Steelers on record pace for turnovers

  • By F. Dale Lolley October 7, 2013
Steelers head coach Mike Tomlin is looking for his defense to create more turnovers Sunday against the Jets. - Associated Press

PITTSBURGH – Refreshed after four days off during their bye week, the Steelers returned to practice Monday looking for ways to pull out of their 0-4 start.

Turning around a turnover ratio that has them at minus-11 would be a nice start.

With 11 turnovers and no forced turnovers in their first four games, the Steelers are on a record pace.

The 1948 Chicago Rockets and 1965 Steelers each committed 30 more turnovers than they forced, setting the record for futility in that dubious statistic.

The 2006 Washington Redskins are the standard when it comes to fewest takeaways with 12.

The Steelers are on pace to not just break, but shatter both marks.

“We can definitely play better, no doubt about it,” said linebacker Lawrence Timmons. “That’s not the bar we set for ourselves. We’re just trying to get our feet under ourselves and get better coming out of this bye week. We want to come back and work in a positive manner.”

The Steelers can control the offensive turnovers by taking better care of the football. But with defensive turnovers, often times, there’s as much luck involved as anything.

For example, in Pittsburgh’s latest loss, a 34-27 defeat at the hands of Minnesota in London, linebacker LaMarr Woodley sacked quarterback Matt Cassell from behind, stripping the football loose.

The ball bounced forward where linebacker Jarvis Jones and safety Troy Polamalu attempted to fall on it. Instead, it squirted free, and wide receiver Jerome Simpson fell on it. The result was not only a missed opportunity for the Steelers, but a first down for the Vikings.

“That’s crazy, right?” asked cornerback Ike Taylor. “It went through two of our people. The third bounce, it went right to the receiver. It’s coming though. We’re going to be straight.”

It can’t happen soon enough. Even in 2011, when the Steelers forced just 15 turnovers, they never went four games without forcing a turnover.

“They’re going to come,” said Taylor, who missed two opportunities for interceptions against the Vikings. “We’ve got to keep fighting. They’re coming.”

Perhaps they’ll come this week.

Sunday’s opponent, the New York Jets, is one of just two teams with more turnovers than the Steelers this season. The Jets had turned the ball over 12 times heading into Monday night’s game at Atlanta, while the Giants have turned it over an astounding 20 times during an 0-5 start.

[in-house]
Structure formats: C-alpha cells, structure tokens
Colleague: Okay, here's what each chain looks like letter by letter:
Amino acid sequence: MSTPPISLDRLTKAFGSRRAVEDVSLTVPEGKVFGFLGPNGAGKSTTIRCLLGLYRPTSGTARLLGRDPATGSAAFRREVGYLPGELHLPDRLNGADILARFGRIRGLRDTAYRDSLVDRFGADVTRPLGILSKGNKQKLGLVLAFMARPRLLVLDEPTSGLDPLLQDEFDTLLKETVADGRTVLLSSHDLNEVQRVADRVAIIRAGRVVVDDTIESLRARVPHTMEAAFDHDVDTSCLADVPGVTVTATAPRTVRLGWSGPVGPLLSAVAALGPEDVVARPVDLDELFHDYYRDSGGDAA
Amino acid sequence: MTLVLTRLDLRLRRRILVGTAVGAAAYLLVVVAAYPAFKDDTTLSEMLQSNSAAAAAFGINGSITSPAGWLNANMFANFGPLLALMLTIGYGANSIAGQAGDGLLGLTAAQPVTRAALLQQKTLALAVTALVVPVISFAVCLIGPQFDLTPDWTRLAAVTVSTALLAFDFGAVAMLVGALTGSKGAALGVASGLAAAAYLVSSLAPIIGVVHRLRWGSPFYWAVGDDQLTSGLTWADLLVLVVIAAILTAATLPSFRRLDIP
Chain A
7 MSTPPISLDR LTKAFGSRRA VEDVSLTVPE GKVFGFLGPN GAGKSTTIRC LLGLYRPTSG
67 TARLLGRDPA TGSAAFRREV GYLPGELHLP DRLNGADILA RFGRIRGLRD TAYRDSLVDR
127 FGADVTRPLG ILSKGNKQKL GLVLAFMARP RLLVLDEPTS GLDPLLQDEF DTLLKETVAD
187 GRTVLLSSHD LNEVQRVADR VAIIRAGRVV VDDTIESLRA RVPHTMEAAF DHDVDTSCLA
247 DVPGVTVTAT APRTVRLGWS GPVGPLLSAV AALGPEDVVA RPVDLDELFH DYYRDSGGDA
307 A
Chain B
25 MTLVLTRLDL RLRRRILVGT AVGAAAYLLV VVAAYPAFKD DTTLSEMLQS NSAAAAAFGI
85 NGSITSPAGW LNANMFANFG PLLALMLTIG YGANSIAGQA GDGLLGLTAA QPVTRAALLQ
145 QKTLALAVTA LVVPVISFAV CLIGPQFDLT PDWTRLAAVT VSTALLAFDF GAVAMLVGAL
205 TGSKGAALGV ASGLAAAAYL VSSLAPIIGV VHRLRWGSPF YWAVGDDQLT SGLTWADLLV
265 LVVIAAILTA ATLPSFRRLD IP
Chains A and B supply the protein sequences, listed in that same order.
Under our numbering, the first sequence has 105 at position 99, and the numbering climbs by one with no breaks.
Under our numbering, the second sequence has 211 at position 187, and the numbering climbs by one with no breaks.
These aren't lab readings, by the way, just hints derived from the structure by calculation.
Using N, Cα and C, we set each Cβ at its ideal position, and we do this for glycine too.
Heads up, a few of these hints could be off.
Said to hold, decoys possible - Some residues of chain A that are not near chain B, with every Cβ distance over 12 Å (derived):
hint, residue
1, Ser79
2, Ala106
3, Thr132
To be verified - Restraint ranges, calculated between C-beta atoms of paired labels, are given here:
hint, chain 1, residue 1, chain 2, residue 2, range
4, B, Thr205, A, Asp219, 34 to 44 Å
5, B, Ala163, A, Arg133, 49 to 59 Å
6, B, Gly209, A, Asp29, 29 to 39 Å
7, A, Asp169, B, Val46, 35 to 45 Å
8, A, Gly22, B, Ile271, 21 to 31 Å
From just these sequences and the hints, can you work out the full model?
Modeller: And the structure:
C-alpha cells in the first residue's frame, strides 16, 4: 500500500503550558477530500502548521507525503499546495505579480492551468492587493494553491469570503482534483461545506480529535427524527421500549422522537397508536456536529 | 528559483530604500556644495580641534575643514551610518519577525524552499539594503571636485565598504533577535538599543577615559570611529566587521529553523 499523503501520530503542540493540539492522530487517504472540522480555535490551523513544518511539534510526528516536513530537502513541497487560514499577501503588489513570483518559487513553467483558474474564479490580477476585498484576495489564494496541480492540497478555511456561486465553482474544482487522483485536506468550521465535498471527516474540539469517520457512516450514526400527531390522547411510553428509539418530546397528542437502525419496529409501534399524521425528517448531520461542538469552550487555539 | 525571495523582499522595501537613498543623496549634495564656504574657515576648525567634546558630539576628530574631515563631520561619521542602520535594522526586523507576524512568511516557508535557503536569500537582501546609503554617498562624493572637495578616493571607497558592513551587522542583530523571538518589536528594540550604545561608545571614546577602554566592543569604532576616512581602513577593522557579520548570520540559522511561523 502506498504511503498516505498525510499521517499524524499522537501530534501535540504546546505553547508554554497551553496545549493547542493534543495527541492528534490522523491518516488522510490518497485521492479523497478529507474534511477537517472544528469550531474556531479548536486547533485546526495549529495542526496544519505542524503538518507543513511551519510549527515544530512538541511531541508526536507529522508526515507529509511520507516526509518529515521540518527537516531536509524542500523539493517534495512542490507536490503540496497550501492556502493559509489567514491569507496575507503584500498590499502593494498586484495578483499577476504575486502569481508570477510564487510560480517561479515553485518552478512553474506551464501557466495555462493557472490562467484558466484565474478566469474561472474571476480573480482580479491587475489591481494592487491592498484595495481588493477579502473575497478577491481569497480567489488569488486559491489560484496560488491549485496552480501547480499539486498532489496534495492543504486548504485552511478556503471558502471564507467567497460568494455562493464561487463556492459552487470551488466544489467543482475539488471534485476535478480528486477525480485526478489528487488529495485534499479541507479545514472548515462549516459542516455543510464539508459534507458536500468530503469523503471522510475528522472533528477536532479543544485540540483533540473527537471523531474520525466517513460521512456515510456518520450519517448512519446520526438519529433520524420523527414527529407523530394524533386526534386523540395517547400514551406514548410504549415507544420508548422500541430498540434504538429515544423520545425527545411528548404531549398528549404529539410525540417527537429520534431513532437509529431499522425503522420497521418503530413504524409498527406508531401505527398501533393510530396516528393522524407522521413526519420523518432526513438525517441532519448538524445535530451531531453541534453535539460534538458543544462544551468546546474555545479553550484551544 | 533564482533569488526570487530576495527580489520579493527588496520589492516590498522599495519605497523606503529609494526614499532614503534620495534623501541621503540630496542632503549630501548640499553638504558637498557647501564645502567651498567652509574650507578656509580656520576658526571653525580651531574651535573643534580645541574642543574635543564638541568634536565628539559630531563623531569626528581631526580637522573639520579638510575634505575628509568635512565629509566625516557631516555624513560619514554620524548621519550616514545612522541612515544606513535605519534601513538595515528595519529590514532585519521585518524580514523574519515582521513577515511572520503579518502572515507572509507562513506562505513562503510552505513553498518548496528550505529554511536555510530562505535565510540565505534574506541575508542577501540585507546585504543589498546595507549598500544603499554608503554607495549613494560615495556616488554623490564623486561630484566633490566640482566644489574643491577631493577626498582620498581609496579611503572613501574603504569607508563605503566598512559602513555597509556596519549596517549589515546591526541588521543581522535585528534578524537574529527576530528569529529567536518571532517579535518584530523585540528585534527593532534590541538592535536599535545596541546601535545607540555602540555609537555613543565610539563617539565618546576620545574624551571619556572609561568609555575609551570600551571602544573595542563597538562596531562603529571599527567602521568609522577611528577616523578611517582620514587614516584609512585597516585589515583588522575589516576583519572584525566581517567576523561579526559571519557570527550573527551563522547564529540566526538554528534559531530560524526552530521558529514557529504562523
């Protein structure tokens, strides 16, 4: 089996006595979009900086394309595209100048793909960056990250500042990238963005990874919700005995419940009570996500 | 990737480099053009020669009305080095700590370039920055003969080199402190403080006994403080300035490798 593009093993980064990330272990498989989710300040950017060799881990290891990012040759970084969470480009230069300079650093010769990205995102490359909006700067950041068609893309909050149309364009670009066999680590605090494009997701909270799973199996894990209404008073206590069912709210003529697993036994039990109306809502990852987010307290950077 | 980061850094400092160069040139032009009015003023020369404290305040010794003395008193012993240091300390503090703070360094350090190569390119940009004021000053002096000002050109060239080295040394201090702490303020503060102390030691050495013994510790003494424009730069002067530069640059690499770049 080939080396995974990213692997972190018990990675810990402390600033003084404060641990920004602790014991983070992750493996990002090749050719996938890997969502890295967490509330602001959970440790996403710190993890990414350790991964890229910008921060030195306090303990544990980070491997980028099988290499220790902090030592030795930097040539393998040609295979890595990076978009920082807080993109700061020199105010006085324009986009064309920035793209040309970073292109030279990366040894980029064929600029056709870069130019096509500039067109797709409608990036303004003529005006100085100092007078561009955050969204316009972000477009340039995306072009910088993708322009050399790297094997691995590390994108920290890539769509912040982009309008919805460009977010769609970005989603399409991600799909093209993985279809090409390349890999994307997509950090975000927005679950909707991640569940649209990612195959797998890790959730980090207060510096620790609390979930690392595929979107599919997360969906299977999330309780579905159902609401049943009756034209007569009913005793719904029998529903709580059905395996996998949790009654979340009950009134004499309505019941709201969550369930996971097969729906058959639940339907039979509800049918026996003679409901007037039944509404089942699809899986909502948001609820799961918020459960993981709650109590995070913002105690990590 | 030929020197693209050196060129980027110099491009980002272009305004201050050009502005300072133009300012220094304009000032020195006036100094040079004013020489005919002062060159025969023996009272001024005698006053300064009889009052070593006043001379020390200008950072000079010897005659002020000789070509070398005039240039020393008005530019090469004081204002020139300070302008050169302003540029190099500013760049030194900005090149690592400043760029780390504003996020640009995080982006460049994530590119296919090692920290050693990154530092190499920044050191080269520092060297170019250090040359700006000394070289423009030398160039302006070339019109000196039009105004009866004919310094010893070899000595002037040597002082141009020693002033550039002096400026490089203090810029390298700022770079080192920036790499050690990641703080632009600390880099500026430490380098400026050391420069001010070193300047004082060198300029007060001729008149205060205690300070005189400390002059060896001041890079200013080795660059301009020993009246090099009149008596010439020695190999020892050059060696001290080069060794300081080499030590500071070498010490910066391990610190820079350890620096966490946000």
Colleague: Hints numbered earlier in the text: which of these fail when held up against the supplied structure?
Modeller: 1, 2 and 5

Regardless, the Steelers know they have to do a better job of taking care of the football.

“We’ve got to be smart and protect the ball,” said wide receiver Antonio Brown. “Protecting the ball has to be a point of emphasis. We’ve got 11 turnovers. We’ve got to turn it around.”

If the Steelers can find a way to cut their turnovers down, even if the defense continues to fails to produce any turnovers, the results could be different.

The last team to start a season 0-4 and make the playoffs, the 1992 San Diego Chargers, also turned the ball over 11 times in its first four games. But in their final 12 games, the Chargers had 23 turnovers and forced 30, winning 11 of those 12 games.

“If those turnovers aren’t involved, we’re possibly in a different position,” Brown said. “But we’re not here to dwell on it. We are where we are.”

Odds and end zones

The Steelers are off today and return to practice Wednesday. … Guard Ramon Foster, who suffered a pectoral strain in the loss to the Vikings, returned to practice Monday on a limited basis and expects to play against the Jets.

Dale Lolley has been with the Observer-Reporter since 1993 after previously working at WJAC-TV and the Tribune-Democrat in Johnstown, and The Derrick in Oil City. A native of Fryburg, Pa., he is a graduate of North Clarion High School and the University of Pittsburgh at Johnstown, where he earned a degree in journalism. He has covered the Pittsburgh Steelers since joining the Observer-Reporter in 1993, and also serves as the outdoors editor. He also is a radio host for Pittsburgh’s ESPN 970-AM, and serves as administrative adviser for the Red & Black, Washington & Jefferson College’s student newspaper.


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